Earnings Before Interest, Tax and Depreciation - EBITD

Definition of 'Earnings Before Interest, Tax and Depreciation - EBITD'


An indicator of a company's financial performance, which is calculated as:

Earnings Before Interest, Tax and Depreciation (EBITD)
This measure attempts to gauge a firm's profitability before any legally required payments, such as taxes and interest on debt, are paid. Depreciation is removed because this is an expense the firm records, but does not necessarily have to pay in cash.

Investopedia explains 'Earnings Before Interest, Tax and Depreciation - EBITD'


EBITD is very similar to earnings before interest, taxes, depreciation and amortization (EBITDA), but excludes amortization.

The difference between amortization and depreciation is subtle, but worth noting. Depreciation relates to the expensing of the original cost of a tangible assets over its useful life, while amortization is the expense of an intangible asset's cost over its useful life. Intangible assets include, but are not limited to, goodwill and patents, and are unlikely to represent a large expense for most firms.

Using either the EBITD or EBITDA measures should yield similar results.



comments powered by Disqus
Hot Definitions
  1. Family Limited Partnership - FLP

    A type of partnership designed to centralize family business or investment accounts. FLPs pool together a family's assets into one single family-owned business partnership that family members own shares of. FLPs are frequently used as an estate tax minimization strategy, as shares in the FLP can be transferred between generations, at lower taxation rates than would be applied to the partnership's holdings.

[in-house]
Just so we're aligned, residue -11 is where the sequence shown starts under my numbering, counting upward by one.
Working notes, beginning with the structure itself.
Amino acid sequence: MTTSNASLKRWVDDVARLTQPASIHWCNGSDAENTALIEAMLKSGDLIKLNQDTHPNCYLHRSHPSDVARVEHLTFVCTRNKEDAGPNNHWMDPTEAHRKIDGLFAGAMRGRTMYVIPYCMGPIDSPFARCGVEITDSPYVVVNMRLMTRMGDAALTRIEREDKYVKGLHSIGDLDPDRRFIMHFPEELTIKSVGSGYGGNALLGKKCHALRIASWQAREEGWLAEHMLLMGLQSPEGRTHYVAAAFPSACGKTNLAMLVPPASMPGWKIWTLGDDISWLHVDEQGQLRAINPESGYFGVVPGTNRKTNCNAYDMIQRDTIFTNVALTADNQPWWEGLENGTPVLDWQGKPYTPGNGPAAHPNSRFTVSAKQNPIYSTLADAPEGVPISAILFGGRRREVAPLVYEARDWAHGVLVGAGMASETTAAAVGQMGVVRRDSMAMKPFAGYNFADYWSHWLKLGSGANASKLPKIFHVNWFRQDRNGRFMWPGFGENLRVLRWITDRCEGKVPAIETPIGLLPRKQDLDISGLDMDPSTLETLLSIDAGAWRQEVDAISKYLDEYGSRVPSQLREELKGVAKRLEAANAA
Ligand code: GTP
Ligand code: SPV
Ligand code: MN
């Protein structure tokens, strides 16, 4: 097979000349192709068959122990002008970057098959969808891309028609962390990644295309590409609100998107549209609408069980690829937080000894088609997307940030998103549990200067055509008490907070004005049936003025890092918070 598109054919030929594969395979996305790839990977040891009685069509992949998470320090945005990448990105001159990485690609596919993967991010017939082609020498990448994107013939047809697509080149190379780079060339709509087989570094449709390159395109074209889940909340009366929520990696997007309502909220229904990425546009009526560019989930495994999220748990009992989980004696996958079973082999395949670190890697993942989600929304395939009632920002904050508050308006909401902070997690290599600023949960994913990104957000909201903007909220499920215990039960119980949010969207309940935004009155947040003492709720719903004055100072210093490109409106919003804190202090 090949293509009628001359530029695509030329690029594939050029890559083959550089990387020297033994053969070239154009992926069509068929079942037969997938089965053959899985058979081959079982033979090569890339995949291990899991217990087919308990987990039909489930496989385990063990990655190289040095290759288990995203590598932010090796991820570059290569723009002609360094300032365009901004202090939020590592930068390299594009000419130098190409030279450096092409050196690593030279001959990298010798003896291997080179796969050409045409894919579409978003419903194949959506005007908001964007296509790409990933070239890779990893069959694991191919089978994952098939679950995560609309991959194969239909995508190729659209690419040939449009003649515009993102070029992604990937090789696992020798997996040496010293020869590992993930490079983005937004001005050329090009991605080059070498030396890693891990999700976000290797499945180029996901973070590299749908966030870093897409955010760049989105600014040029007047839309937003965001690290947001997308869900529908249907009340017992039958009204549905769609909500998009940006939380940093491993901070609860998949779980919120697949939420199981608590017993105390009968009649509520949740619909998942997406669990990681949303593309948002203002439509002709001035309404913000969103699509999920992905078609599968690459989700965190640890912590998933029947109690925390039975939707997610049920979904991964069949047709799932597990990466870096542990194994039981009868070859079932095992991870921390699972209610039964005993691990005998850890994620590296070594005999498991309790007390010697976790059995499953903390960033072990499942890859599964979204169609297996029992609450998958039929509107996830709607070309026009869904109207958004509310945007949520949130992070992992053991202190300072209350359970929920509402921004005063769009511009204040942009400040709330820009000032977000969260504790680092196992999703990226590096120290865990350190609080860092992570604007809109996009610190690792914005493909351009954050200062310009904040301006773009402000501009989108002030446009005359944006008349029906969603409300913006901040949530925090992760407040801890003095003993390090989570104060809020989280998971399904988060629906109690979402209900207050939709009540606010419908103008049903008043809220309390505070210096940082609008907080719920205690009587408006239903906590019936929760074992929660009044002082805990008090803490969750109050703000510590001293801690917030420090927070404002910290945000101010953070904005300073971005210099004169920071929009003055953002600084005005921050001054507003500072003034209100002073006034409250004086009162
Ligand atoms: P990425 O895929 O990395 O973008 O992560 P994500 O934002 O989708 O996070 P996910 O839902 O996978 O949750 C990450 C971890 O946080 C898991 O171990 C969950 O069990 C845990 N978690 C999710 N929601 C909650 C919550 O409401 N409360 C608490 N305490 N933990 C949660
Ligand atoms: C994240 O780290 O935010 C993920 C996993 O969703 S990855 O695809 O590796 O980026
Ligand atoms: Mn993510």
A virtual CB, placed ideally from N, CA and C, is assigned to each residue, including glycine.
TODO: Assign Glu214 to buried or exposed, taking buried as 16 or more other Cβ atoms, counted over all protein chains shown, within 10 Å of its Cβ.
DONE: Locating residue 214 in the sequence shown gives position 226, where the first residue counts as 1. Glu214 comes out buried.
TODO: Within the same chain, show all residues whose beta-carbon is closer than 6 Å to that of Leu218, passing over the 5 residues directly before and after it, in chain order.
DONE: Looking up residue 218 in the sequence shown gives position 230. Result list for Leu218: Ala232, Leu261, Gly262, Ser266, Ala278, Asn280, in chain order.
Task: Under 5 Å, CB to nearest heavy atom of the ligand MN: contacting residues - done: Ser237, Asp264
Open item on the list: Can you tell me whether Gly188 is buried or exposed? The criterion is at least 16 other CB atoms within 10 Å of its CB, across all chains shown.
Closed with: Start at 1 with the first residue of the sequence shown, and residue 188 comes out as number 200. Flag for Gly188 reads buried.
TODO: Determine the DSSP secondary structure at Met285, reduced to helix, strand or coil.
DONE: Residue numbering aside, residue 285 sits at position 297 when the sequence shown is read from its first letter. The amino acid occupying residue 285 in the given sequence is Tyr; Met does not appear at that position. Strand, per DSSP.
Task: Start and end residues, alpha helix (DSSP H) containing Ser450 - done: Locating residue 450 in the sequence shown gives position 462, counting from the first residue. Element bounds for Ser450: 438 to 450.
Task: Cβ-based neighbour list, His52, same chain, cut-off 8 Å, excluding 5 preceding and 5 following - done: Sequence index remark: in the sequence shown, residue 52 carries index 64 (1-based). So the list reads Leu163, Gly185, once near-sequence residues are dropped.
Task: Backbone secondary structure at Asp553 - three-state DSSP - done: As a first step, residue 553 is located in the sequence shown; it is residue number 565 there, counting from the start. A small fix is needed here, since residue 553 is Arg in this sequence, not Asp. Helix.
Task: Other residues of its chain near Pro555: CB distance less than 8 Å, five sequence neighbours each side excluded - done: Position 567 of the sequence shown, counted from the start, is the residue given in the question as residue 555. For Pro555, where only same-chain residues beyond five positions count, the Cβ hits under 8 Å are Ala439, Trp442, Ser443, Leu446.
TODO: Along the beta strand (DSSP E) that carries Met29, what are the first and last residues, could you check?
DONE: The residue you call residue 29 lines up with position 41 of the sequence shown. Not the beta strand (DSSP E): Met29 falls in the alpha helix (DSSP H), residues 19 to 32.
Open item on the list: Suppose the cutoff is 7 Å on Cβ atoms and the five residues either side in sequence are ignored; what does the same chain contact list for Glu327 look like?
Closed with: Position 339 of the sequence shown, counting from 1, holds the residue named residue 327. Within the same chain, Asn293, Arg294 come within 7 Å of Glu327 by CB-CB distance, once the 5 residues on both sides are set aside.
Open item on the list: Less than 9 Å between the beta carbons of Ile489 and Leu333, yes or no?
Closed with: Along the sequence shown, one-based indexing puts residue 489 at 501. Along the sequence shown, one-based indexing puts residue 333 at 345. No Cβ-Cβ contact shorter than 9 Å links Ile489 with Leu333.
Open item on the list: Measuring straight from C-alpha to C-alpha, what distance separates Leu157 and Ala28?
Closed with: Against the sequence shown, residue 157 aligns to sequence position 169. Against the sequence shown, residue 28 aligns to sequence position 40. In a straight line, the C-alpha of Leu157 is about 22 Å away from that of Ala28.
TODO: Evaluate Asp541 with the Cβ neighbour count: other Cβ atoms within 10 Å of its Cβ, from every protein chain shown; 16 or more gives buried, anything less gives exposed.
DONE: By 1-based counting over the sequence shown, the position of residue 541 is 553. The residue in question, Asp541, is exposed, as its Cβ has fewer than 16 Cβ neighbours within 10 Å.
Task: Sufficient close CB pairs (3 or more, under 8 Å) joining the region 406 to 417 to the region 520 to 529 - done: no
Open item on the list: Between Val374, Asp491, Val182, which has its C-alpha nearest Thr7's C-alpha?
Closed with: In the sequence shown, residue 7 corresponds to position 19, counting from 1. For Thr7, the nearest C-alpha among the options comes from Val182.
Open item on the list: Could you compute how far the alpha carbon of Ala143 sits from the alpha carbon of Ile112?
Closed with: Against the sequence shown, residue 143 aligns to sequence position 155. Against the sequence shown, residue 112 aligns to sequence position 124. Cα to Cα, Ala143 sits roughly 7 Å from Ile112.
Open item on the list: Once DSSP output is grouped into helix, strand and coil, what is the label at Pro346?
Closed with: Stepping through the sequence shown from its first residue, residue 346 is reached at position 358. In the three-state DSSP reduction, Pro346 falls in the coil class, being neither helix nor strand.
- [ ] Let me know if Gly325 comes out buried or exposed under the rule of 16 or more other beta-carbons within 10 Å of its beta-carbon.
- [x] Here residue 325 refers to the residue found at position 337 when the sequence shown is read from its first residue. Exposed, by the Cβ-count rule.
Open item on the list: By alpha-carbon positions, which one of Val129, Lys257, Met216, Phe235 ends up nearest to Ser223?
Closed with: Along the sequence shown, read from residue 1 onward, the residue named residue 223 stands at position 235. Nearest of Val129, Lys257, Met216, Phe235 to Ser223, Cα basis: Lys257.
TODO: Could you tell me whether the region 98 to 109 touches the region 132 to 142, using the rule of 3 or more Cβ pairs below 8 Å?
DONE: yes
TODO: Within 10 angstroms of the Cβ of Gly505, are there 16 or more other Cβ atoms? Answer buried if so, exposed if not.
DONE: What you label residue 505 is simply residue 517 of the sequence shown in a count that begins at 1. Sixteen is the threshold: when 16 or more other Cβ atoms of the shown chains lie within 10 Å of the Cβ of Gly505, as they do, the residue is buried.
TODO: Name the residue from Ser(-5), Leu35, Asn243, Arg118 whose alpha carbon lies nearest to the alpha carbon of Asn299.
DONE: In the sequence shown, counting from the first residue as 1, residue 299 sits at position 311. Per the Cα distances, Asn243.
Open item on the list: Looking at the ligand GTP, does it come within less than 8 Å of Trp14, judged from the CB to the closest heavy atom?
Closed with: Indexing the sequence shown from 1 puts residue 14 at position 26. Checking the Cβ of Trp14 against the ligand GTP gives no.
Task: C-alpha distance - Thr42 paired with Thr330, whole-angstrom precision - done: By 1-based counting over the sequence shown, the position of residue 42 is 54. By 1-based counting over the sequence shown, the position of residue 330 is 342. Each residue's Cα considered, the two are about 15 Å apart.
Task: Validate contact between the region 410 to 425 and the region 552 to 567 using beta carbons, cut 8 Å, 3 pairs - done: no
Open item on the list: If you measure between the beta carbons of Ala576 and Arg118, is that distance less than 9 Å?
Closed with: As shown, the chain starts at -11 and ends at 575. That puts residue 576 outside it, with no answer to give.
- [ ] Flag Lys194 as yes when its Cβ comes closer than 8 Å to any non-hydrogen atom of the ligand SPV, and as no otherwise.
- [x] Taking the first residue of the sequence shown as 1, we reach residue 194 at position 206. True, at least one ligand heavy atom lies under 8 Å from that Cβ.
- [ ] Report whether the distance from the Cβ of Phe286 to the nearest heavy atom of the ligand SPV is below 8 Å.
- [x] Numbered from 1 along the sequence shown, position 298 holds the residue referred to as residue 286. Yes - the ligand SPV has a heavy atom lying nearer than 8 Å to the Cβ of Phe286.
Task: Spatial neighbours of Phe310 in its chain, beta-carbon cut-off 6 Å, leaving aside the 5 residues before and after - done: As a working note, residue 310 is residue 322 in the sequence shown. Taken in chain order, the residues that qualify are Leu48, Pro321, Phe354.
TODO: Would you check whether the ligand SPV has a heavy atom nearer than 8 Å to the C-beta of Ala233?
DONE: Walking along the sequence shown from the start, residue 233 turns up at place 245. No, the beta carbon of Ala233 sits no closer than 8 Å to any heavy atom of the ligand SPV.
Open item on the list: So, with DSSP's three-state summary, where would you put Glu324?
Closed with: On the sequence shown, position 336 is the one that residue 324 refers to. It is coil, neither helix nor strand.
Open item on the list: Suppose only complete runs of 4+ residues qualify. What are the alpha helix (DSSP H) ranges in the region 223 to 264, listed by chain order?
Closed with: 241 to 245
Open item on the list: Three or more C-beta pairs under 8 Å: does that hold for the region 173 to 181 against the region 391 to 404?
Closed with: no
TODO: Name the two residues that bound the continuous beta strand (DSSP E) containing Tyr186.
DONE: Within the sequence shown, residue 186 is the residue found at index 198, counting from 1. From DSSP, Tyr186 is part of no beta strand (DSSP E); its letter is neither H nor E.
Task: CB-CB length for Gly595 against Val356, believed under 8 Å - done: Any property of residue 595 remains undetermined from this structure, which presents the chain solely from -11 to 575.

2. Yield Burning

    The illegal practice of underwriters marking up the prices on bonds for the purpose of reducing the yield on the bond. This practice, referred to as "burning the yield," is done after the bond is placed in escrow for an investor who is awaiting repayment.
  3. Marginal Analysis

    An examination of the additional benefits of an activity compared to the additional costs of that activity. Companies use marginal analysis as a decision-making tool to help them maximize their profits. Individuals unconsciously use marginal analysis to make a host of everyday decisions. Marginal analysis is also widely used in microeconomics when analyzing how a complex system is affected by marginal manipulation of its comprising variables.
  4. Treasury Inflation Protected Securities - TIPS

    A treasury security that is indexed to inflation in order to protect investors from the negative effects of inflation. TIPS are considered an extremely low-risk investment since they are backed by the U.S. government and since their par value rises with inflation, as measured by the Consumer Price Index, while their interest rate remains fixed.
  5. Gilt-Edged Switching

    The selling and repurchasing of certain high-grade stocks or bonds to capture profits. Gilt-edged switching involves gilt-edged security, which can be high-grade stock or bond issued by a financially stable company such as the Blue Chip companies or by certain governments.
  6. Master Limited Partnership - MLP

    A type of limited partnership that is publicly traded. There are two types of partners in this type of partnership: The limited partner is the person or group that provides the capital to the MLP and receives periodic income distributions from the MLP's cash flow, whereas the general partner is the party responsible for managing the MLP's affairs and receives compensation that is linked to the performance of the venture.
Trading Center